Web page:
General Histology 2

Muscular Tissue Histology



Slide 1: Longitudinal Section of SKELETON MUSCLE

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IDENTIFICATION POINTS:

1. In a longitudinal section through the skeleton muscle, the fibers are easily distinguished as they show characteristic transverse striations.
2. The fibers are long and parallel without branching.
3. Many flat nuclei are placed at the periphery.
4. The muscle fibers are separated by some connective tissue.

 

Slide 2: Transverse Section of SKELETON MUSCLE

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IDENTIFICATION POINTS:

1. Fibres seen as irregularly round structures with peripheral nuclei.
2. Muscle fibers grouped into numerous fasciculi.
3. Dots within the fibers are myofibrils which are seen at higher magnification.
4. The connective tissue of the muscle consists of:
  - Epimysium: connective tissue sheath of muscle.
  - Perimysium: connective tissue covering of each fascicle.
  - Endomysium: loose connective tissue surrounding each muscle fiber. 


 

Slide 3: CARDIAC MUSCLE

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IDENTIFICATION POINTS:

The fibers of cardiac muscle do not run in strict parallel formation, but branch and anastomose with other fibers to form a network.
Each fiber of cardiac muscle is not a multinucleated syncytium as in skeleton muscle but is a chain of cardiac muscle cells each having its own nucleus.
The nucleus of each myocyte is located centrally and not peripherally as in the skeleton muscle.
The myofibrils and striations of cardiac muscle are not as distinct as those of skeleton muscle.
With the light microscope, the junctions between adjoining cardiac myocytes are seen as dark staining transverse lines running across the fibers, but are broken into a number of ‘steps.

 

 

Slide 4: SMOOTH MUSCLE

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IDENTIFICATION POINTS:

1. It is a fusiform/spindle-shaped cells having a broad central part and tapering ends.
2. The nucleus, which is oval or elongated, lies in the central part of the cell.
3. With the light microscope, the sarcoplasm appears to have indistinct longitudinal striations but there are no transverse striations.
4. In such a layer, the cells are so arranged that the thick central part of one cell is opposite the thin tapering ends of adjoining cells.
5. In the longitudinal section, the nucleus is elongated and centrally placed.
6. In the transverse section, the nucleus is seen in those cells which are cut through the center but others do not show nuclei.

 

 

Nervous Tissue Histology



Slide 5: DIFFERENT TYPES OF NEURONS AND NEUROGLIA CELLS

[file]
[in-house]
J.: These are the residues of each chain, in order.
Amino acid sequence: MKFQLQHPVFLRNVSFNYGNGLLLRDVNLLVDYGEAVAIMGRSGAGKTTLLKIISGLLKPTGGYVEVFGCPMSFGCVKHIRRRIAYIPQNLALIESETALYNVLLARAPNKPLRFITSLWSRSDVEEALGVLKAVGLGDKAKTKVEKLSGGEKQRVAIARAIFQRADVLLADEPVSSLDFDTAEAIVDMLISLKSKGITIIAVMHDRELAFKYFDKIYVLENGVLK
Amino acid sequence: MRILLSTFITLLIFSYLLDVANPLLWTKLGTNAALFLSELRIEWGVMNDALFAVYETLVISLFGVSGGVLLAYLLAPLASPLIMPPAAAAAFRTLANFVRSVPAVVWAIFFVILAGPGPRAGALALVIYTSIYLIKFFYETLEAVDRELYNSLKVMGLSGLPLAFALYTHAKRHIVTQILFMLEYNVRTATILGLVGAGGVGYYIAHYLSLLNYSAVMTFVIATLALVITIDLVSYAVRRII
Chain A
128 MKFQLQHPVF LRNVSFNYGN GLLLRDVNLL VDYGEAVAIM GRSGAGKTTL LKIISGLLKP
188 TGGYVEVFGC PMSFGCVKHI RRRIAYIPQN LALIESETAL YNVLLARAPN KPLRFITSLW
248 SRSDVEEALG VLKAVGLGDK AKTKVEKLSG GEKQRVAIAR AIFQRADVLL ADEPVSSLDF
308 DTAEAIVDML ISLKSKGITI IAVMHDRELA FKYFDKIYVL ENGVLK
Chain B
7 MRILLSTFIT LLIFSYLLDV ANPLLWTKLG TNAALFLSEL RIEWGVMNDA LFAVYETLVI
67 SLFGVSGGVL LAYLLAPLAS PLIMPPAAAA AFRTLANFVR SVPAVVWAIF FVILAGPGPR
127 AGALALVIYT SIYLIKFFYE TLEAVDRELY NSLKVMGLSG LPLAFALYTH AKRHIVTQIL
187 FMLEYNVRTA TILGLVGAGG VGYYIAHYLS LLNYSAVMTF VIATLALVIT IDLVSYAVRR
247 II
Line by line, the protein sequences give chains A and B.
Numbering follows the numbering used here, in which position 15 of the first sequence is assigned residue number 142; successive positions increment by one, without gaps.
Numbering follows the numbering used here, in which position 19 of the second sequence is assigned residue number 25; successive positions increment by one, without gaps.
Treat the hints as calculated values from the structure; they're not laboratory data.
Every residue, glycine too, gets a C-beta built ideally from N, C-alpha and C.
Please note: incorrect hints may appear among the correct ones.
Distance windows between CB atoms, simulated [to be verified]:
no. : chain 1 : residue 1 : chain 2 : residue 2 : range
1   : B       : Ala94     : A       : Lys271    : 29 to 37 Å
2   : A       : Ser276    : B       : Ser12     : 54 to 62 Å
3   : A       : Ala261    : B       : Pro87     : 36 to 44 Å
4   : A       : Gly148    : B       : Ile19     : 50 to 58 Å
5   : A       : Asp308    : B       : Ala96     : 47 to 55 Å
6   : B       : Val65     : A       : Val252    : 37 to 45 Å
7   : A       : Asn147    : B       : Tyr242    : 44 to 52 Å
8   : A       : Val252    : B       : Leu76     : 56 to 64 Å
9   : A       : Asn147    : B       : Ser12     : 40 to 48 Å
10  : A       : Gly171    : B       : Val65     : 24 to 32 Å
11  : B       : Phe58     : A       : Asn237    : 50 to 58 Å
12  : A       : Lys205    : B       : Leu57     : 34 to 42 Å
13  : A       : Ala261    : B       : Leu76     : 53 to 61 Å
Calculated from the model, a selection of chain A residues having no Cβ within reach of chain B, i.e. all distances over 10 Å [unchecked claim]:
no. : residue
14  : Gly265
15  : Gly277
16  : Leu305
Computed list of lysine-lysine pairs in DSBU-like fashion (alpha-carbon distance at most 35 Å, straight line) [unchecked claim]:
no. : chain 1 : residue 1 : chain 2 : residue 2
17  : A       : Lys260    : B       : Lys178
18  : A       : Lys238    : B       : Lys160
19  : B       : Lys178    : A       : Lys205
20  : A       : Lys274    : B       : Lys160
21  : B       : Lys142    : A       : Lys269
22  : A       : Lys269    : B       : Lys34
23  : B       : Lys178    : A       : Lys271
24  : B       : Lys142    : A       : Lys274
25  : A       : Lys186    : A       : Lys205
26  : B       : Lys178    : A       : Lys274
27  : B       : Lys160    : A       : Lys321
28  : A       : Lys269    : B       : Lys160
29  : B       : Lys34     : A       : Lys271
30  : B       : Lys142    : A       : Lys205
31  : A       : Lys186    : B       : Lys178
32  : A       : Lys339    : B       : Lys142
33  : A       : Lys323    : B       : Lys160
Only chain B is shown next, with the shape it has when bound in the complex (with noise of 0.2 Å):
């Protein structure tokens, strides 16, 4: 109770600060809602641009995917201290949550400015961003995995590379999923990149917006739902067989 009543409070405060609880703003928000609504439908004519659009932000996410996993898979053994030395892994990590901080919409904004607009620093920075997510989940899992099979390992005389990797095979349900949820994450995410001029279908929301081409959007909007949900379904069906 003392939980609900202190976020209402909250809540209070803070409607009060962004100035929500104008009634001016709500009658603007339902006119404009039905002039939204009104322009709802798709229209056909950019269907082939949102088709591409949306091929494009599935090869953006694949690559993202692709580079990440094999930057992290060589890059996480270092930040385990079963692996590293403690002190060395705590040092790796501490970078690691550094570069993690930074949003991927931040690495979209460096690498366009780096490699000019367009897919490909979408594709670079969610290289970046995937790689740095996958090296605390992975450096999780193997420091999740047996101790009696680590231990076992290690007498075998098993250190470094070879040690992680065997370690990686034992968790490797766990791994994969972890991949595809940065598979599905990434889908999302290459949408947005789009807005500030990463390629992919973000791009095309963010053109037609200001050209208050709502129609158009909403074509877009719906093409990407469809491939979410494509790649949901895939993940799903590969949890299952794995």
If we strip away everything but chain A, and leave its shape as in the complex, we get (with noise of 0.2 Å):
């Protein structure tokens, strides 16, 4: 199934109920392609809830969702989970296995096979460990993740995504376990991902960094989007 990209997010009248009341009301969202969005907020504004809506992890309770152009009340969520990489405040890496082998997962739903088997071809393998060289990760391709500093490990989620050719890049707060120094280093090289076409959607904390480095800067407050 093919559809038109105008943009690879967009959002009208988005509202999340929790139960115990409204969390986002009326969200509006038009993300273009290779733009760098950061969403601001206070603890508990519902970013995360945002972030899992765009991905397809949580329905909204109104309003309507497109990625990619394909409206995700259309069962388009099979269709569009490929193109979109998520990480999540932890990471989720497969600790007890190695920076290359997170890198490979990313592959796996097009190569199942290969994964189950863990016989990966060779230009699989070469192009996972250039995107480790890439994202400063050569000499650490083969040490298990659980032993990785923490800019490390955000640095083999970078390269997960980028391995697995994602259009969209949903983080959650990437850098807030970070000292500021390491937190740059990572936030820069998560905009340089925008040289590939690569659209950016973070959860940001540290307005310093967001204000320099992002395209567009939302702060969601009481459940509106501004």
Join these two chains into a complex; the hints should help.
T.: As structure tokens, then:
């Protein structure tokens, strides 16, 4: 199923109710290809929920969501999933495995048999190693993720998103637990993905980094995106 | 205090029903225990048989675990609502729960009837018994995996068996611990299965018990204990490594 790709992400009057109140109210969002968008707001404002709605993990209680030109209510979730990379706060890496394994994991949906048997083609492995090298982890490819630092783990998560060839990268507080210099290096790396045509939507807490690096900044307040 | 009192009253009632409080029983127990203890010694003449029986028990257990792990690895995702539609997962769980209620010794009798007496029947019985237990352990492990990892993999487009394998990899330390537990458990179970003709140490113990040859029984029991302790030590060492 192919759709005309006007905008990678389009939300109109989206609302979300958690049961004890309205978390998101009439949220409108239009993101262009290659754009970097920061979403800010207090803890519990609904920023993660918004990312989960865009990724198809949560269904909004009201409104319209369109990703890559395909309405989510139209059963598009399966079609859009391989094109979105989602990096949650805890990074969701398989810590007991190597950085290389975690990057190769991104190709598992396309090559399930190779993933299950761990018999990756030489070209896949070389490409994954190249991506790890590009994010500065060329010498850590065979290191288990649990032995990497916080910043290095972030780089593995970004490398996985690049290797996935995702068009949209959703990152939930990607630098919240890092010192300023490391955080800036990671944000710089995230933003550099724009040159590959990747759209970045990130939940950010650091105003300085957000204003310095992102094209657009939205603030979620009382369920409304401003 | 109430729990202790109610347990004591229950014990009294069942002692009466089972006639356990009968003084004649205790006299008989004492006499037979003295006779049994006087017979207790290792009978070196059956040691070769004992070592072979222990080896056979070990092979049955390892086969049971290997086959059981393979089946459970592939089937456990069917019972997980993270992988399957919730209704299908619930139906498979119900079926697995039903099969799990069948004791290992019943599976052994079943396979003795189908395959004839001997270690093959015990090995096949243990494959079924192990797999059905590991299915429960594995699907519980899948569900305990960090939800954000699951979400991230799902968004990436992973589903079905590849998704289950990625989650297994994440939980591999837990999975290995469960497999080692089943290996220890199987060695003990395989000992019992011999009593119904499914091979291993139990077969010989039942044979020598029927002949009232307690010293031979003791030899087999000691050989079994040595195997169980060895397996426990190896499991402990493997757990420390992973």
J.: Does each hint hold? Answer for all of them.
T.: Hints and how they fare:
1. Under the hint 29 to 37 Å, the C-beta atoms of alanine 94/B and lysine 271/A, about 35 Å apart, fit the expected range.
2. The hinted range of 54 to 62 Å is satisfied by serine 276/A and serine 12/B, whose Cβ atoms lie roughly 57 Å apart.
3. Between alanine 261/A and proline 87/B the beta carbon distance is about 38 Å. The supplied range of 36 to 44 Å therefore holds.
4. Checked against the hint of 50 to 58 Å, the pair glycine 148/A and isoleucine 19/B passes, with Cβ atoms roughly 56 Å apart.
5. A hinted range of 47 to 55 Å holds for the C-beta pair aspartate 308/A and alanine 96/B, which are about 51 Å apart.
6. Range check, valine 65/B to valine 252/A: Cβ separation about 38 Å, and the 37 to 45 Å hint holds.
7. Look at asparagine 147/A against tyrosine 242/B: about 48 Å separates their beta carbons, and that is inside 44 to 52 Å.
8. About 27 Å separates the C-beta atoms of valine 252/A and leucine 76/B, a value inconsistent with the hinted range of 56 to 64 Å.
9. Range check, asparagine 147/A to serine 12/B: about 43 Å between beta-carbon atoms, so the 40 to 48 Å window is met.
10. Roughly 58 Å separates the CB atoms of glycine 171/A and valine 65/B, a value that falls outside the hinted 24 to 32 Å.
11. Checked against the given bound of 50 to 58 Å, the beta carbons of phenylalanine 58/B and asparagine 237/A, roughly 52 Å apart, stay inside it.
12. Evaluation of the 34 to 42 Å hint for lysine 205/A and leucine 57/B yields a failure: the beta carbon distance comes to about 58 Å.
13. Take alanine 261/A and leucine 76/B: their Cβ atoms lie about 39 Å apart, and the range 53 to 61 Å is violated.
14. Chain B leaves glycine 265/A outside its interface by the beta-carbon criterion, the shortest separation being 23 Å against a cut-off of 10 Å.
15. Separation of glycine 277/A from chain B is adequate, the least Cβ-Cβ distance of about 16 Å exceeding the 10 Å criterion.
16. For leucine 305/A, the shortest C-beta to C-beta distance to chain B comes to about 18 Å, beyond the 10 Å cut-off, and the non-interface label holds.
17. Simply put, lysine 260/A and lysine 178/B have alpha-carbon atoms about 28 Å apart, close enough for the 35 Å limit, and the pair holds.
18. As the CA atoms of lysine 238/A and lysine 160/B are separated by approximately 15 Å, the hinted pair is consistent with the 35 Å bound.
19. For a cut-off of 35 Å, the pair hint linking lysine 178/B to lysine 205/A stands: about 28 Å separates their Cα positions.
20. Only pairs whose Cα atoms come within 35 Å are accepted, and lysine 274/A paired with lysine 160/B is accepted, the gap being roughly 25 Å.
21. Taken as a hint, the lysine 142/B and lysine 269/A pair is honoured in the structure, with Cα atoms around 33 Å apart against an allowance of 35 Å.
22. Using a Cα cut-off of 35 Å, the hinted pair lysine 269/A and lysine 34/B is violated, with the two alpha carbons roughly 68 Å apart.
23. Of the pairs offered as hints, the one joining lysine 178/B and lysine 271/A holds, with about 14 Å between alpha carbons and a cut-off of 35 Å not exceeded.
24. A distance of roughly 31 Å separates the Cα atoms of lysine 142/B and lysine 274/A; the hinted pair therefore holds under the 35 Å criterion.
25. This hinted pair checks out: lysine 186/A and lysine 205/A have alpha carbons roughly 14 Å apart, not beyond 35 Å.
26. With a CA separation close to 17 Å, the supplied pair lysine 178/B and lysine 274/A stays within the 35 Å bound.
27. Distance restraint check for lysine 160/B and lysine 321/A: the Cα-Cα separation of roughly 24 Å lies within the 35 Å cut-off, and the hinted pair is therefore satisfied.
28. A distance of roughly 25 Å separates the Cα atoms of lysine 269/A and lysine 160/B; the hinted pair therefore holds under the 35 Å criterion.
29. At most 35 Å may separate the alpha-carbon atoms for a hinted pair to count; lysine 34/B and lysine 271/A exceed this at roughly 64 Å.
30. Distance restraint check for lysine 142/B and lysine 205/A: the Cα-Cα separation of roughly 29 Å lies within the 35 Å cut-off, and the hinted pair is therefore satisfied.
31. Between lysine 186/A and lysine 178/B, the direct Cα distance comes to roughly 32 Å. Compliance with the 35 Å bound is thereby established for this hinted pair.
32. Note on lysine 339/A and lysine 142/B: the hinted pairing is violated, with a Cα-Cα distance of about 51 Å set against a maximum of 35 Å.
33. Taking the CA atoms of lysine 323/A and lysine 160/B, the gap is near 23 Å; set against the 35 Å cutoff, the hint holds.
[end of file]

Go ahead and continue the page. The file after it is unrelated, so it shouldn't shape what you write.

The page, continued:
TYPES OF NEURONS:

  1. Unipolar neuron

  1. Bipolar neuron

  1. Pseudo unipolar neuron

  1. Multipolar neuron

 

TYPES OF NEUROGLIA CELLS:

  1. Ependymal cell

  1. Microglia

  1. Protoplasmic astrocyte

 

  1. Fibrous astrocyte

  1. Oligodendrocyte

 

 

Slide 6: PERIPHERAL NERVE

DRAWING: (H & E STAINING)

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IDENTIFICATION POINTS:

1. In a longitudinal section of the peripheral nerve, the central axons appear as slender threads stained lightly with H & E staining.
2. In a longitudinal section, the individual axons usually follow a characteristic wavy pattern.
3. Located among the wavy axons in the nerve fascicle are numerous nuclei of the Schwann cells and fibrocytes of the endoneurium.
4. However, it is often difficult to distinguish between the nuclei of Schwann cells and the fibrocytes of the endoneurium.
5. In a transverse section, the axons appear as thin, dark central structures, surrounded by the dissolved remnants of myelin.

 


 

Lymphatic System Histology



Slide 7: LYMPH NODE

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IDENTIFICATION POINTS:

1. A thin capsule surrounds the lymph node and sends in trabeculae.
2. Just beneath the capsule a clear space is seen. This is the subcapsular sinus.
3. A lymph node has an outer cortex and an inner medulla.
4. The cortex is packed with lymphocytes. A number of rounded lymphatic follicles are present.
5. Each nodule has a pale staining germinal center surrounded by a zone of densely packed lymphocytes.
6. Within the medulla the lymphocytes are arranged in the form of anastomosing cords.
7. Several blood vessels can be seen in the medulla.

 


Slide 8: SPLEEN

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IDENTIFICATION POINTS:

The spleen is characterized by a thick capsule with trabeculae extending from it into the organ.
The substance of the organ is divisible into the red pulp in which there are diffusely distributed lymphocytes and numerous sinusoids and the white pulp in which dense aggregation of lymphocytes are present. The latter are in the form of cords surrounding arterioles.